The legislation for anti-spam began on July 1,2014. For a business owner, it is important to understand and be up to date on legislations. Changes in legislation can have a multitude of consequences for a business. For the violation of the Canada’s Anti-Spam Legislation (CASL), penalties for individuals can go up to $1 million and $10 million for the company. It is best to avoid these violations. CASL applies to nonprofit organizations unless the organization is a registered charity. CASL also does not apply when it is between persons within an organization or sent between organizations. Today, I will be discussing about the effects of the following changes made by CASL:
“To send a commercial electronic message to an electronic address, you need to have the recipient's consent, to identify yourself, to offer an unsubscribe mechanism and to be truthful.
● Consent: You must have a form of valid consent.
● How can I obtain express consent?
● What's the difference between express consent and implied consent?
● Identification: Clearly identify yourself and your organization. You must include your mailing address. You must also include a phone number for accessing an agent or a voice messaging system, an email address, or a web address for you or the person on whose behalf you are sending the message.
● Unsubscribe mechanism: Provide an unsubscribe mechanism that is functional for 60 days. See examples of acceptable unsubscribe mechanisms.
● Truth in advertising: Your messages must not be false or misleading. They must not have false or misleading sender information, subject matter information, URLs and/or metadata.” http://fightspam.gc.ca/eic/site/030.nsf/eng/home
Consent is the first requirement that needs to be obtained before a business is allowed to send commercial electronic messages to the recipient. This can only obtained by implied or expressed consent.
Identification is the second requirement needed. The reason behind identification is for the recipient to be fully aware who is sending the email.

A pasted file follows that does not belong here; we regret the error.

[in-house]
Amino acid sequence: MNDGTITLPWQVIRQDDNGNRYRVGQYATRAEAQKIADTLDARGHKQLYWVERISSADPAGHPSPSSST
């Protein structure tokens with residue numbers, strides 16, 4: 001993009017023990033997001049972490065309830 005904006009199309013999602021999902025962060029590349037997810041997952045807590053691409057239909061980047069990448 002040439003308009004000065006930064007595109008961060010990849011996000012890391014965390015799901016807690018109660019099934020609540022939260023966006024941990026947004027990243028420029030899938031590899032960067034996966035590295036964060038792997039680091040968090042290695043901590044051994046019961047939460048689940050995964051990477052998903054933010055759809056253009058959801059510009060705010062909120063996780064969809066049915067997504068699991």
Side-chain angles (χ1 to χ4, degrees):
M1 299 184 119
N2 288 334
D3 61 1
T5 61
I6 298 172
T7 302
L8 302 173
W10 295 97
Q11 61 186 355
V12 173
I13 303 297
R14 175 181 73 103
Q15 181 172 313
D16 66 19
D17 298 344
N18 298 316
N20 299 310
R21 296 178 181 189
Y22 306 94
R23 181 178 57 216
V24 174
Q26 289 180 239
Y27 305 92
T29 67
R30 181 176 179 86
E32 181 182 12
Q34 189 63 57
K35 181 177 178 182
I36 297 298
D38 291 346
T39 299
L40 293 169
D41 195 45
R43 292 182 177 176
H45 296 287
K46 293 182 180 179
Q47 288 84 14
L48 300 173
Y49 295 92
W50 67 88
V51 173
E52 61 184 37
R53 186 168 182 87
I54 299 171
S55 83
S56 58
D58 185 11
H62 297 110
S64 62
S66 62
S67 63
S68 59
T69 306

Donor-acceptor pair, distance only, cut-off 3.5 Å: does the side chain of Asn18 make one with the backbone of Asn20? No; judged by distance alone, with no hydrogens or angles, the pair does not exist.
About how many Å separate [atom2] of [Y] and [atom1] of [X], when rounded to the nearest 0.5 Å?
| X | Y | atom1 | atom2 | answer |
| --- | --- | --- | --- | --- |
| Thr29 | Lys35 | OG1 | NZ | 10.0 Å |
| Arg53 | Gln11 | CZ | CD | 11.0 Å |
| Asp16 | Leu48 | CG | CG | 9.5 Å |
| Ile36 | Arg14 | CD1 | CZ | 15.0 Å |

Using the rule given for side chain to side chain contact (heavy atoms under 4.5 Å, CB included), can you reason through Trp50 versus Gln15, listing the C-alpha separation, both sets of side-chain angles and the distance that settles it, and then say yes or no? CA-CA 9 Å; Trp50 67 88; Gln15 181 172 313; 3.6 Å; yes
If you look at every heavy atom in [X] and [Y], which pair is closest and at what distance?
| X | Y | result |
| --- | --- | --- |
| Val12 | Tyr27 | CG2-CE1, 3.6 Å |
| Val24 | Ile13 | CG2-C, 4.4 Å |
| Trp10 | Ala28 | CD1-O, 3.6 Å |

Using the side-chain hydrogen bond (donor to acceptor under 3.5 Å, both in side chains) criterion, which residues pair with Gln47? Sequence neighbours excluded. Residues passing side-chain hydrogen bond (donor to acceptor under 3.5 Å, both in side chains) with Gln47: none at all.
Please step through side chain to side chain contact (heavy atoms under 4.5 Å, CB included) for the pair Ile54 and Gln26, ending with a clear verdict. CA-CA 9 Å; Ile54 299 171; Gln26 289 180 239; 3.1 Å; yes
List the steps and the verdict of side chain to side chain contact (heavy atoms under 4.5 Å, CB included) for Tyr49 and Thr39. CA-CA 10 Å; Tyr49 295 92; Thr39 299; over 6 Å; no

If it is not practicable to include all the information to identify the business, the business is allowed to hyperlink to a webpage that contains this information. A business operating from home does not have to disclose their home address for the identification requirement; however, a valid mailing address that the business can be contacted is required in this case. In the case of sending messages on behalf of someone else including affiliates, all of the parties involved have to be identified. An exception to this case is in the event that the affiliate has no input on the content of the message, nor on the recipient list.
The final requirement for the sending of electronic promotion and advertisement is having an unsubscribe feature on the message. It can be easily implemented by having a checkbox, button, or a text reply for the message provider to stop sending messages to the recipient. It should be simple and quick for the recipient to choose to not receive any promotions.
Lastly, if you have further concerns that were not covered in this summary visit CASL’s FAQ page: http://crtc.gc.ca/eng/com500/faq500.htm
A final note, business owners that have collected numerous email addresses prior to this legislation is advised to send their contacts an email in compliance with the legislation to ask for continued correspondence. This is to avoid potential legal consequences.